Sounds both natural and cultivated, drawing, voice, language, recording them technically, recombining them as a composition, presenting them rhythmically both within and as space – these are the parameters which make up the unique sound art of Clara Oppel, which from today is being shown in the Marburg Kunstverein in the biggest exhibition she has had so far. I’d like to congratulate the artist, the Kunstverein, and also us, the general public, on the exhibition.
The fact that visual and auditory elements are so closely and fascinatingly combined in this exhibition can be understood in the context of the artist’s career, which began with drawing, painting, and sculpture. Her exploration of space, her endeavour to penetrate it inside and outside, both intrinsically and in its context, soon led her to sound, whereby pictorial techniques are still present. This in turn illustrates the very history of sound art, which began with the avant-gardish breaking down of barriers between respective art genres and developed into a multifacetted programme. This is what people, including the futuristic painter Luigi Russolo, called for, the latter as early as 1913, in his manifesto, The Art of Noises. He also began to answer this demand with numerous sound objects and experiments.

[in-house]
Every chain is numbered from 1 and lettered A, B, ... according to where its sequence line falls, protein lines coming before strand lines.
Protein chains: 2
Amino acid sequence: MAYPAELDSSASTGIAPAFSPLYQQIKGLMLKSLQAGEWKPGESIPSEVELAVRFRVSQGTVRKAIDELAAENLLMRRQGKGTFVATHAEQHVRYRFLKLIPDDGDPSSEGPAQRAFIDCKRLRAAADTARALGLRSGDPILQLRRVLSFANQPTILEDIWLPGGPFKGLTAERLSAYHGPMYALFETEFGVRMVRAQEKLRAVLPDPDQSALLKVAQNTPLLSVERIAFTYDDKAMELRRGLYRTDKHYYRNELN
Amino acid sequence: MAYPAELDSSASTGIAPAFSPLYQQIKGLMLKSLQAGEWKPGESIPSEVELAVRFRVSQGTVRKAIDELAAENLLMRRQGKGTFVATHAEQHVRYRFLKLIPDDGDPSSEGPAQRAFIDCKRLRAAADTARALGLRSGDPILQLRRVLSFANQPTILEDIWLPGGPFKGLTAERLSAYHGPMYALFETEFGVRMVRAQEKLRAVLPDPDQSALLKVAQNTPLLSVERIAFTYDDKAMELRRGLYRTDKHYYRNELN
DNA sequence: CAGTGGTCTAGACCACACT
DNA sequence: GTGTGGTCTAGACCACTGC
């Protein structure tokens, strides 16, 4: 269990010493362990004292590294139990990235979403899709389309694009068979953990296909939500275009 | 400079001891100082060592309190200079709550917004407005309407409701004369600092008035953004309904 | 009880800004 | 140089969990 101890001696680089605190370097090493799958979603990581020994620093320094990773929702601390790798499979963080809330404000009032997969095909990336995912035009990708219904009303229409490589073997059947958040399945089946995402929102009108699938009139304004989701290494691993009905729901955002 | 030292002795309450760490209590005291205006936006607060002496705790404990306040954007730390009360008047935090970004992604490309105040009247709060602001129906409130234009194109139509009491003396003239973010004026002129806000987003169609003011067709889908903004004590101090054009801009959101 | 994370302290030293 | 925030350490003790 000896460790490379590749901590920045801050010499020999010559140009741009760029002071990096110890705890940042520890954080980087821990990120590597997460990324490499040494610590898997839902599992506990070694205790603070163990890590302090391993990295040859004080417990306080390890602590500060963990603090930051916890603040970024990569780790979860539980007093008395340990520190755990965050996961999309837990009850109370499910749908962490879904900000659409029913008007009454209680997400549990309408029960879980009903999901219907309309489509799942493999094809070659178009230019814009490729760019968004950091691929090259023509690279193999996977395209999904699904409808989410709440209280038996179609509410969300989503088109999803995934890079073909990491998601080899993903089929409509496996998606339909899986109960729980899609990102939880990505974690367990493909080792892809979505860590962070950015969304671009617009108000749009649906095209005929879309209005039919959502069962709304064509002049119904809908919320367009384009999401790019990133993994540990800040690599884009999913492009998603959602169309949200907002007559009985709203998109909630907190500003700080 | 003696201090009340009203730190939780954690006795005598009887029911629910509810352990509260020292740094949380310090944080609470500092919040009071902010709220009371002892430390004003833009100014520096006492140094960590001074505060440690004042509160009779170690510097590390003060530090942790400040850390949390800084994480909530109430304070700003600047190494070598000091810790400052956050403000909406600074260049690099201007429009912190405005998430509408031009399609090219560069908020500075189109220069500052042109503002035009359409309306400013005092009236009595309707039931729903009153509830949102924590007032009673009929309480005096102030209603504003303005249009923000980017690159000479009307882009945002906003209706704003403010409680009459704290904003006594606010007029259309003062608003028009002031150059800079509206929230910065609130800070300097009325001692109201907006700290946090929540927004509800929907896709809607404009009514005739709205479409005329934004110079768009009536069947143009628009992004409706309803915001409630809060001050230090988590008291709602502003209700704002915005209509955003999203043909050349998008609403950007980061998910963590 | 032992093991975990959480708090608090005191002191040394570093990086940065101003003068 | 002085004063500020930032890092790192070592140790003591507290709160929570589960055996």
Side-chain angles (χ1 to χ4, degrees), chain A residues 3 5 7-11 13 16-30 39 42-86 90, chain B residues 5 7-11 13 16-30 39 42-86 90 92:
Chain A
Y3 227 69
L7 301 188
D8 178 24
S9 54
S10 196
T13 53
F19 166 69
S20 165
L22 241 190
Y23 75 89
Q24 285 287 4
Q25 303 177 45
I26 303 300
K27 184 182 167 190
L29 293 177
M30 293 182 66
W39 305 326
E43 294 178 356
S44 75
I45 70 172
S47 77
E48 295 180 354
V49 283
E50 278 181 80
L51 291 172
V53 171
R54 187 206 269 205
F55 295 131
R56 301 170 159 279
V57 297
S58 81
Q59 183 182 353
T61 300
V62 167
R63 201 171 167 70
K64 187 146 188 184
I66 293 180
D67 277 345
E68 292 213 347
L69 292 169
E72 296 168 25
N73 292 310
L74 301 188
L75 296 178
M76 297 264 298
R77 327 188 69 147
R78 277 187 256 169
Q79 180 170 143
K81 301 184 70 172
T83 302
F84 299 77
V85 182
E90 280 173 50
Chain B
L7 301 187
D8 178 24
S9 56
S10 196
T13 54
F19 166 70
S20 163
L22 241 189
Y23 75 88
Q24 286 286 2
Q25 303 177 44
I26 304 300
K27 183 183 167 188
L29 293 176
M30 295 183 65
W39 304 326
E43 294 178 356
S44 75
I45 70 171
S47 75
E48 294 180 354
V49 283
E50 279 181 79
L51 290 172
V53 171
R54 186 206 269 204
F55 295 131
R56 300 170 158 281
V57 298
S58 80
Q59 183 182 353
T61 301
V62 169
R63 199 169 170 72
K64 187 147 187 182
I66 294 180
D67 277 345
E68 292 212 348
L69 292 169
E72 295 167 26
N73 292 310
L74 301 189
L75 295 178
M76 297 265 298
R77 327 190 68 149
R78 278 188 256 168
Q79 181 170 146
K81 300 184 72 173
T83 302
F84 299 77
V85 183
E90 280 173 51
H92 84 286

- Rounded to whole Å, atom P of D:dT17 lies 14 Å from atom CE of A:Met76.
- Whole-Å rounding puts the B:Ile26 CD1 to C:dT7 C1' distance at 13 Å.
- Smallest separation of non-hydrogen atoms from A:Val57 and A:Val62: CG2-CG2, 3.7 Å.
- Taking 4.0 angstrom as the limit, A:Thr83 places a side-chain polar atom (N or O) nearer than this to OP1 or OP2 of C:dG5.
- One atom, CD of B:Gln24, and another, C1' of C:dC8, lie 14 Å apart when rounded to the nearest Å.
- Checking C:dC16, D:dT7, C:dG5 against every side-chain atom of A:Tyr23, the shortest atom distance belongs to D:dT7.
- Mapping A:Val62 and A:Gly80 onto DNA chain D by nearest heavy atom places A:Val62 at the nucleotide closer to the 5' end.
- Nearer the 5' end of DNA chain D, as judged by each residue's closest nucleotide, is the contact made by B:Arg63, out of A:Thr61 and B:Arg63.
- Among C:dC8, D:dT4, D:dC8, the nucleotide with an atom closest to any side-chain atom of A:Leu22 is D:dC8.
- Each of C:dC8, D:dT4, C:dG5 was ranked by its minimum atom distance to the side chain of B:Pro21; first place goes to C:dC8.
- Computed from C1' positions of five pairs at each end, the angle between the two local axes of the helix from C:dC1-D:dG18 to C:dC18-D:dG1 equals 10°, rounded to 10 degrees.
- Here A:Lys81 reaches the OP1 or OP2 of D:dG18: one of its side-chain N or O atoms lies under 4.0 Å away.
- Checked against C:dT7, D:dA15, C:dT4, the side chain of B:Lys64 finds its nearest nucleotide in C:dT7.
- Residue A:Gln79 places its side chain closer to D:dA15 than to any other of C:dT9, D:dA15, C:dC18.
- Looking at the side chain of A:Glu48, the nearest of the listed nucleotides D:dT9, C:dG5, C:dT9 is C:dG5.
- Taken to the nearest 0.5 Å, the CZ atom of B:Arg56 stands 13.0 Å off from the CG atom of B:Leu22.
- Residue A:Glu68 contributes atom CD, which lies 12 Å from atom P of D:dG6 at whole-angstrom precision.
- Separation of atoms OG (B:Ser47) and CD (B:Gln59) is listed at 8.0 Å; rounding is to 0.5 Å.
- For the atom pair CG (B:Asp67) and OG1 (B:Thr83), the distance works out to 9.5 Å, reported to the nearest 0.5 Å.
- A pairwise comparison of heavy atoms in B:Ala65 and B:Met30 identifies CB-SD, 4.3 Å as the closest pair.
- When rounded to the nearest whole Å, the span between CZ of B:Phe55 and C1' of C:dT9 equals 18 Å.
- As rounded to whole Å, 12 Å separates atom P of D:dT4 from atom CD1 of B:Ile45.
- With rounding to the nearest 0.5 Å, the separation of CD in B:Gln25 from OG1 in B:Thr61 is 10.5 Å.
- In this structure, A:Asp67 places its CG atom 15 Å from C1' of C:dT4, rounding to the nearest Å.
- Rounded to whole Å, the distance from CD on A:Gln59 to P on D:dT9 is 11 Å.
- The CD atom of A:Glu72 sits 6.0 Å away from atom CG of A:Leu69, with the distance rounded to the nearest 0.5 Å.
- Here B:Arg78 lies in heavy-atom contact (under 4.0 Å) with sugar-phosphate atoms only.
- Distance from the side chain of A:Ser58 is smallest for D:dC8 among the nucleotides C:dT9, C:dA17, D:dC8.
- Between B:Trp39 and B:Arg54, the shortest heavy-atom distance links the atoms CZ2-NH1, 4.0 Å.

On two floors, Clara Oppel exhibits here nine works from two decades: old alongside new, large room installations next to smaller objects and sculptures.
She explains: ‘I use sounds, noises and speech as material. In particular, I’m concerned with the ordering and movement of acoustical signals in space. In so doing, I imbue almost immaterial sound with a physical embodiment, I produce synaesthetic situations. Sound and picture relate to each other above and beyond the optical level and spatial dimension in the acoustical plane leading to perception.’